News feed - posts of all people user follows (plus back of the envelope calculations)

I’m about to write simple news feed on Fauna.
Its just list all posts from people i follow.

Ideas that i had to solve it would be:

  1. Store references of following users in documents. (fan out on write)
  2. Store Follower-Followee relation, get all followees by user then get index: documents_by_followees
  3. Store followees in user profile in one array field then query documents_by_followees with array from that field

My understanding is that for relation example if person follows 1000 others then Union would require 1000 read-ops for query.

The normalized version (first idea) would require 1 read but each document that is followed by 1000 people would be - assuming that one ref is 30bytes
1000 * 30 bytes =30 kilobytes

So Which is the best cost wise? What are other ways to approach it?

It seems that fanout on write is better financially 44 times

1000 * 30bytes * 30 * 100000 (1000 followers * 30byte/ref * 30 posts * 100000 such people) = 90 gigabytes = $15.30

100000 * 300 * 15 (100000 people with 1000 followers * 300 unique followers * 15 times viewed per month) = 450,000,000 read ops = $223.50 per month.

Assuming 100,000 people with 30 posts each would be unfollowed by 1% of 1000 followers , 30M writes per month, cost of writes =$57.00

This totals to around $600/m (with bandwidth included)
So it seems that fanout on write is a way to go. Could somebody shed more light on that?

If you read more than you write, it stands to reason that simplifying reads with writes would pay dividends.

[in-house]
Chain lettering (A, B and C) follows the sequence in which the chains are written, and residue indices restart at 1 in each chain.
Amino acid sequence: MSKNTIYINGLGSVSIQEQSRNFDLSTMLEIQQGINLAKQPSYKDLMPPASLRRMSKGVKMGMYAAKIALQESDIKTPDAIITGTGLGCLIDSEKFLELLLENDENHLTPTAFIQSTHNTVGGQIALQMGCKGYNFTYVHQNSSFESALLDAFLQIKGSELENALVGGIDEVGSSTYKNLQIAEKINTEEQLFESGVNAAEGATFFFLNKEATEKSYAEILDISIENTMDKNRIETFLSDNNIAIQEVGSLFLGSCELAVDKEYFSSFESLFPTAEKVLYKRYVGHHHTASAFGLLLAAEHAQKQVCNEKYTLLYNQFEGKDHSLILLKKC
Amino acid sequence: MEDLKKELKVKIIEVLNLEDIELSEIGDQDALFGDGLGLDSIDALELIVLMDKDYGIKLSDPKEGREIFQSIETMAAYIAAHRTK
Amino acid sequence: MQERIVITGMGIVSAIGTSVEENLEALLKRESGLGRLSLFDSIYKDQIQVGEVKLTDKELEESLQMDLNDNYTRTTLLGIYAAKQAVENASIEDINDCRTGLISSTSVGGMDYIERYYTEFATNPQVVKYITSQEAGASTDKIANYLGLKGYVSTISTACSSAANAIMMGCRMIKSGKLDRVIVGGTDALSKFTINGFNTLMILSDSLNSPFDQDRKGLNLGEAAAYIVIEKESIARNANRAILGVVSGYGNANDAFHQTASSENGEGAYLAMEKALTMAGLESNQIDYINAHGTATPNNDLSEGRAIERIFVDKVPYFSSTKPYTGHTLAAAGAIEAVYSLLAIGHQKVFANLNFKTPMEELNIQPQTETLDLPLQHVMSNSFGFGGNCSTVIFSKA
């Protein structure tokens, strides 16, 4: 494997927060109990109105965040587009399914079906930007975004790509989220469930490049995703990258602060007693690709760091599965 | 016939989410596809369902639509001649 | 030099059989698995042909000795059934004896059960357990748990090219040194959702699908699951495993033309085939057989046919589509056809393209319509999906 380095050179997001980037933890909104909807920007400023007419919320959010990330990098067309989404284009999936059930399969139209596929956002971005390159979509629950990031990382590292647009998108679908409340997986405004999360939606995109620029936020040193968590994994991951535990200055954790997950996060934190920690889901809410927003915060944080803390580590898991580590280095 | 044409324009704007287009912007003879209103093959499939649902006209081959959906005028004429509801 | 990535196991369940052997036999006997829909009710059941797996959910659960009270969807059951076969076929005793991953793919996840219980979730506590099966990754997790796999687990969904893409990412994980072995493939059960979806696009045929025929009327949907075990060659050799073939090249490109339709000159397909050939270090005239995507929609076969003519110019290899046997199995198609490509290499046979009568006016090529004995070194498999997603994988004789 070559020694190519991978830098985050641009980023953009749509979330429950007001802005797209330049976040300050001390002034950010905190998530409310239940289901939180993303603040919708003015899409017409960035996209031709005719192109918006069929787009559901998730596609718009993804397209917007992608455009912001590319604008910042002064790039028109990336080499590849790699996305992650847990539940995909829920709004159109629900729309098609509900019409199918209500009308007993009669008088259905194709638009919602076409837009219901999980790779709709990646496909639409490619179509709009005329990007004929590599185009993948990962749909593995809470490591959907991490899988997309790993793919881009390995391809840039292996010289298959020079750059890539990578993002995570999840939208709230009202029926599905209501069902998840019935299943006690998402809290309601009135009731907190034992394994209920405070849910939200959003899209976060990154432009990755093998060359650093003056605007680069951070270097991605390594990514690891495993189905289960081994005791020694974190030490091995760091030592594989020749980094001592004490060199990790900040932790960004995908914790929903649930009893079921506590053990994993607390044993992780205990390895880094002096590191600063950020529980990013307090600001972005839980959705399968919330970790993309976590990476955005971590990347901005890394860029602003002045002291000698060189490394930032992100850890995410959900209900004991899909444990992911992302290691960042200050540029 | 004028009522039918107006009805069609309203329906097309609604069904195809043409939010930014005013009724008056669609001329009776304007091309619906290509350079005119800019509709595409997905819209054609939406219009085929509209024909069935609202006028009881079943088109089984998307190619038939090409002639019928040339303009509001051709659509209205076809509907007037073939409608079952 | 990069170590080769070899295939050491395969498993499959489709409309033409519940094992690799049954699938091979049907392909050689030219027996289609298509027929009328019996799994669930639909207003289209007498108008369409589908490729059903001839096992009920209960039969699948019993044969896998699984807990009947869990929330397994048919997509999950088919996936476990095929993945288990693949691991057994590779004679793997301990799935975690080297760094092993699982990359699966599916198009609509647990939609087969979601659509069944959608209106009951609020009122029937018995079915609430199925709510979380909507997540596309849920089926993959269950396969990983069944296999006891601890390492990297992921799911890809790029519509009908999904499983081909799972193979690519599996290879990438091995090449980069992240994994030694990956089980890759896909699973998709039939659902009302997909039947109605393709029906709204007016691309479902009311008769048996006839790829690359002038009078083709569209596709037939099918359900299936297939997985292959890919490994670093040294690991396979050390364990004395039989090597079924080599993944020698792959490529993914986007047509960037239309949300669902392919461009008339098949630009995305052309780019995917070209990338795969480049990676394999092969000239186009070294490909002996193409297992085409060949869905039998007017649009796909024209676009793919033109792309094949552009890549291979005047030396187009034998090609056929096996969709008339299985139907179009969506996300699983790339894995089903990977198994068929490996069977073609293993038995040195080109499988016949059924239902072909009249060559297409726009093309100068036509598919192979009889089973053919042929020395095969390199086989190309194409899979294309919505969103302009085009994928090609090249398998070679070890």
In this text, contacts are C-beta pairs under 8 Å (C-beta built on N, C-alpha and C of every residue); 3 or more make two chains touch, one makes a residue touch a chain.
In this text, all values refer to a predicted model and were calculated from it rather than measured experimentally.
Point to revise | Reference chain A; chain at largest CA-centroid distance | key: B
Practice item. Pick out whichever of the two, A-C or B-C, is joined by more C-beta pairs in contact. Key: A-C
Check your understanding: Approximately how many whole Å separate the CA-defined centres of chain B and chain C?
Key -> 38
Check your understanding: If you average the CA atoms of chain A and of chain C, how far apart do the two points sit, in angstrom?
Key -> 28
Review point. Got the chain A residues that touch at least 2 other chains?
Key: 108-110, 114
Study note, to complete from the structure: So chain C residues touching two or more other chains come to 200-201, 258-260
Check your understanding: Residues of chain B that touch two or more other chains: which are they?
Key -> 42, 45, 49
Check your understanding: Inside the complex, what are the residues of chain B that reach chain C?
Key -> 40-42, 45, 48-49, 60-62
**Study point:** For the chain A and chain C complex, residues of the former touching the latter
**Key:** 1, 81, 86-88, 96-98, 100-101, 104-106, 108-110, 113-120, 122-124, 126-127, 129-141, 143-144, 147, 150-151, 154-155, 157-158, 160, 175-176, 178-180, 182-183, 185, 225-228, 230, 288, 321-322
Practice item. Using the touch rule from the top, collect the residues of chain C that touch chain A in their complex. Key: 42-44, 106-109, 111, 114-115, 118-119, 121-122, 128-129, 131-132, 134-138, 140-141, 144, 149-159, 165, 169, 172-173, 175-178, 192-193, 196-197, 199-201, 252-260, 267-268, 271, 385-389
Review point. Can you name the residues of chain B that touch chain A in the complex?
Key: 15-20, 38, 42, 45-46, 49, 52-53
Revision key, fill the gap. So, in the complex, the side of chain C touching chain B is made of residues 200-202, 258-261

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Following on prev posts i have first prototype that uses followers array of Refs.
When author posts new content all his followers are written into that specific content.

This setups benefit is that it requires 1 read (get followers array), 1 write (to the new content - followers array) and allows to search using index on followers with also just 1 read (per page).

The problem is adding too many follwers. In docs it states that maximum request size is 1MB. So if there will be too many followers i think that fauna would reject request.

		postref: Ref(Collection("posts"), "269334440698708486"),
		post: Get(Var('postref'))
			followers: Append([1, 2, 4],
				Select(['data', 'follwers'], Var('post'))

Will that happen? Or is this kind of Append/Select somehow working in the background?

An array of followers isn’t going to scale to 1000s of followers, that’s for sure. If I were trying to develop such an application I’d definitely have model a follow as a separate document {follower, followee}. Then when someone tweets I’d probably have a udf that pulls a page of followers(say 1k), writes a ref of the tweet to all their timelines, and if there are any left over followers create a task with cursor to the next page and the ref of the tweet and pass the task ref back to the calling process as the result of the query. The caller can then use that as a continuation to keep going until all the followers have the tweet.

Yes, this sounds complicated. It is. BUT it is resilient to failure, and scalable to any number of followers.

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Hey @ambrt,

Request limit

We are talking about a request size limit, not a document limit so your code will probably not fail unless that array to append is going to be too big but I assume you will never add 1000s of followers at once? However, is it a good idea to do this? No! :slight_smile: